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MOVIE REVIEW: The Descendants

Starring George Clooney, Shailene Woodley and Rob Huebel

  • The Descendants
  • The Descendants
  • The Descendants
  • The Descendants
  • The Descendants
  • The Descendants
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American writer/director Alexander Payne specializes in films about distraught characters experiencing prolonged time periods of emotional duress. Whatever the root cause (death in the family, demotion, romantic breakup), it isn’t nearly as important as the duration of the character’s suffering. Some expectedly grumpy and resentful incarnations (Paul Giamatti’s Miles in Sideways) have sprung from this cinematic obsession, yet Payne instills a sense of compassion in their tortured existences, an underlining spirit that never breaks no matter how bad the situation becomes. This mixture of tones has made Payne an essential voice in American cinema since his debut Citizen Ruth in 1996.

Payne’s new film The Descendants, in which an upper-middle class lawyer comes to terms with his comatose wife’s infidelity, deals with another emotionally repressed man mired in uncertainty. Set entirely on the Hawaiian Islands, Payne’s breezy character study is equally concerned with the rhythms of location and the way setting impacts a certain mood or emotion. After a hypnotic opening shot of a woman enjoying the ocean air on a water ski, The Descendants settles in with a voice-over heavy monologue by Matt King (George Clooney), a snarky bit of self-wallowing that might come across as pandering and smug but is actually nicely indicative of his character’s inability to move past the obvious problems at hand.

Issues of lineage dominate much of The Descendants. Matt’s wife Elizabeth (the woman in the opening shot) has just suffered a catastrophic boating accident and is bedridden and unconscious, forcing him to step up from the role of “back-up parent” and take care of their two daughters, rebellious teen Alexandra (Shailene Woodley) and younger tween Scottie (Amara Miller). There’s also pressure from Matt’s large extended family involving a lucrative real estate deal involving thousands of acres of pristine Hawaiian land that will have national economic implications. To make matters worse, Matt is completely oblivious to the fact Elizabeth was cheating on him with another man, information that is revealed during a particularly powerful verbal throw down with the feisty Alexandra.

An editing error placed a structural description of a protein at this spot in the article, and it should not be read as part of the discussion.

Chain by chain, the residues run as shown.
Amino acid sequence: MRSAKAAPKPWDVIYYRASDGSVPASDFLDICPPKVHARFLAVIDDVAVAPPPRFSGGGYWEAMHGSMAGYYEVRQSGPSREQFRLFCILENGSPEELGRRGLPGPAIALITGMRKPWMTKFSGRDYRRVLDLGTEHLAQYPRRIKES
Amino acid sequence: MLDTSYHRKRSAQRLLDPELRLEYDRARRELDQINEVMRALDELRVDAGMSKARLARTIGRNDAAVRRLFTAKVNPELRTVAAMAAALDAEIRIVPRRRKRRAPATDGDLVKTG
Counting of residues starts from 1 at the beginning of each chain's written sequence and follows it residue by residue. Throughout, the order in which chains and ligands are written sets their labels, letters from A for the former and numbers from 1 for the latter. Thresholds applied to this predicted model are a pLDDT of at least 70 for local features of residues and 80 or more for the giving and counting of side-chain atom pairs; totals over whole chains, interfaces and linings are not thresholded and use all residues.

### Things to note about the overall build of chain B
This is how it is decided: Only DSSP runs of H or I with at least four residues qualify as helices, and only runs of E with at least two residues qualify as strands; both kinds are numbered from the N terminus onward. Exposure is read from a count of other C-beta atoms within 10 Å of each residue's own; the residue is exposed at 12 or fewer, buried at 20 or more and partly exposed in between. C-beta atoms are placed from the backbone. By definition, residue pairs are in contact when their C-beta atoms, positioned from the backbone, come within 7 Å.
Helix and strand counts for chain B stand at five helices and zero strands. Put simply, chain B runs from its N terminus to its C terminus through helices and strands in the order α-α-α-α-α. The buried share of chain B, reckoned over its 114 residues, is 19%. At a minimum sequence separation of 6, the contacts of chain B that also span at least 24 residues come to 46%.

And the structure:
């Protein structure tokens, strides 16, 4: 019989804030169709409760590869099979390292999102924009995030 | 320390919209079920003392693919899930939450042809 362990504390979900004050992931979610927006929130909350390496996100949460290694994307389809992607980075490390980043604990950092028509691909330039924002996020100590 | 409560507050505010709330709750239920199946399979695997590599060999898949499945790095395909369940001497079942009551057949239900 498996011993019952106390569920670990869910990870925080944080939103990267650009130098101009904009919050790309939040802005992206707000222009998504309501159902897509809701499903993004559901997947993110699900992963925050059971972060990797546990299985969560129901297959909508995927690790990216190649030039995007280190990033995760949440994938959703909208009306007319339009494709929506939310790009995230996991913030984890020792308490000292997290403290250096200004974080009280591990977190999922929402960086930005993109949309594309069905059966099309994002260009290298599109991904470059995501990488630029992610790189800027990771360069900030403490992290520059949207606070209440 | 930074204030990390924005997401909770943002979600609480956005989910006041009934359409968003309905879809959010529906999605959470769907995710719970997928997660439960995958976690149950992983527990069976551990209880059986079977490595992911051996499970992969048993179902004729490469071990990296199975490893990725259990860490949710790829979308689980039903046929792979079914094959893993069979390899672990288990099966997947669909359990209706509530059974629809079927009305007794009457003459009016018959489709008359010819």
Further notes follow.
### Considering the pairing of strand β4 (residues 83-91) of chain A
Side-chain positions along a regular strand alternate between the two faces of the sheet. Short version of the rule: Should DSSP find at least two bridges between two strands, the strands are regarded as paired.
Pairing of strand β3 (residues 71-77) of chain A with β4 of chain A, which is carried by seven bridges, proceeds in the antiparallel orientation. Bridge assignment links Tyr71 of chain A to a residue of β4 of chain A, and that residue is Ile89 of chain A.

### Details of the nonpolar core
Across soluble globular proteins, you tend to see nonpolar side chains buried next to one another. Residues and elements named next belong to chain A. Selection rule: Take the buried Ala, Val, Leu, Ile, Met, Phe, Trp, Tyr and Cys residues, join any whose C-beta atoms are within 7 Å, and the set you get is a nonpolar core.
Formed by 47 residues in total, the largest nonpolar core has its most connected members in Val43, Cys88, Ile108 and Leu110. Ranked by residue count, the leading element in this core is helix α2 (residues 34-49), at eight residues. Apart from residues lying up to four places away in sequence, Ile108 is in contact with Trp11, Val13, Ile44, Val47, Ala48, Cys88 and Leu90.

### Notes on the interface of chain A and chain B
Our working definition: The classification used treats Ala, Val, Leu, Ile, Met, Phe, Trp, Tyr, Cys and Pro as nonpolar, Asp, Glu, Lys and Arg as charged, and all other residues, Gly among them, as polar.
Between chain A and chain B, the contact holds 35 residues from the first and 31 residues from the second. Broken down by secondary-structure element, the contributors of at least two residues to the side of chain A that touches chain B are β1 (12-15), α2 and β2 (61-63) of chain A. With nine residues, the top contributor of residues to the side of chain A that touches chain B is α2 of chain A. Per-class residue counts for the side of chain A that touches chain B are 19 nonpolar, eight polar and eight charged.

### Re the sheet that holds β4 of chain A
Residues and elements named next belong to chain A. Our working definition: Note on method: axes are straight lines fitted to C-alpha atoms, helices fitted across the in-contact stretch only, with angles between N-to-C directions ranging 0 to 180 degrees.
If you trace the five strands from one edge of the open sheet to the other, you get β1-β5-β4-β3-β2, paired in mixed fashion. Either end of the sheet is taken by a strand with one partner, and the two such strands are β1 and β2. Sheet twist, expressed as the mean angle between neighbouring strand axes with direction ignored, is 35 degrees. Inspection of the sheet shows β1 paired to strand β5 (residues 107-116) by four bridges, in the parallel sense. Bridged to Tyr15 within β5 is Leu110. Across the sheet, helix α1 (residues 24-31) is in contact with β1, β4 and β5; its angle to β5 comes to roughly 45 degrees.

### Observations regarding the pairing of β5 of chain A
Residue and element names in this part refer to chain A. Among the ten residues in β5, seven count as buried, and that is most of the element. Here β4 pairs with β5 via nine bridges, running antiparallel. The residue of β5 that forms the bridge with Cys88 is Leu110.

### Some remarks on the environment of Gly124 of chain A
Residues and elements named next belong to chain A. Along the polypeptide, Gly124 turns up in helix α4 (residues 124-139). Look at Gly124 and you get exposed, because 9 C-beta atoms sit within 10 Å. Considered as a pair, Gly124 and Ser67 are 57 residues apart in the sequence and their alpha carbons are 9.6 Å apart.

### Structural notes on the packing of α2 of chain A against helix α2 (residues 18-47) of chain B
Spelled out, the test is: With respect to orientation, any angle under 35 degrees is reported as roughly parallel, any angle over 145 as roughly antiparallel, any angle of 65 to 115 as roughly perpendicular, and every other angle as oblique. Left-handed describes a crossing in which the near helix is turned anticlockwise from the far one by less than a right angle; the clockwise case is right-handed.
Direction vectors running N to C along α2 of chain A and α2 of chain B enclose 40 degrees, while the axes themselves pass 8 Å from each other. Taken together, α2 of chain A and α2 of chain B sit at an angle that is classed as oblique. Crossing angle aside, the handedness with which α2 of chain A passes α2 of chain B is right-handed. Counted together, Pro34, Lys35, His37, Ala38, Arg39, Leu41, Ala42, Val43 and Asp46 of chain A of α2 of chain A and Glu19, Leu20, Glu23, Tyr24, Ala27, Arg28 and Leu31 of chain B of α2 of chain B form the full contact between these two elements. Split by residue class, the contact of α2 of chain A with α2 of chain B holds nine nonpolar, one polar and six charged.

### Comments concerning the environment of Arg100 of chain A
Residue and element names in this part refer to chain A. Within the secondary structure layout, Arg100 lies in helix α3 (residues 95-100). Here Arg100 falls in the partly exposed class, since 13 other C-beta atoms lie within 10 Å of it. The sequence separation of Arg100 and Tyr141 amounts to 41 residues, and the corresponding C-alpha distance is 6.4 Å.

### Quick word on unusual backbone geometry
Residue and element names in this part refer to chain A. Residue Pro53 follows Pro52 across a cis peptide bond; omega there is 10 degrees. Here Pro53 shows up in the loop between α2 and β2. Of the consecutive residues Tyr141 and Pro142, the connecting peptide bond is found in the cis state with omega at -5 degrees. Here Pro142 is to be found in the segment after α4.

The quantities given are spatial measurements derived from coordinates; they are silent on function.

As Matt and Alexandra continuously grapple with the emotional turmoil left in the wake of Elizabeth’s betrayal, Payne addresses the power of facades in both family and business matters. This theme presents itself in multiple dramatic scenes where specific character’s either retreat or turn away from crushing bad news, turning what initially seems like a public act of denial into a private moment of grieving. It’s in these small details of character that The Descendants works best.

Despite the potentially dire subject matter in The Descendants, Payne momentarily holsters his patented razor-sharp wit for something more sublime. While there is plenty of profanity-laced posturing by Alexandra and Scottie, Matt’s struggle is largely internalized. His pain spills over in key moments, like when Matt sprints to a friend’s house to confront them about Elizabeth’s infidelity, or in the final bedside confession he shares with his wife where words finally fail him. In both scenes, Clooney’s immersive facial expressions, pathetically desperate in the former and lovingly sincere in the latter, speak to the wonderful juxtaposition of emotions you can find in any one of the film’s vibrant frames. Even though The Descendants might lack the uneasy mix of dark and absurd that defines Payne’s best work, it effortlessly calibrates one man’s resistance to impending self-destruction, not through bleak melodrama, but in the blinding rays of a faux paradise refreshed into something tangible.

The Descendants opens Friday, November 18 in limited release at the Landmark Hillcrest Cinemas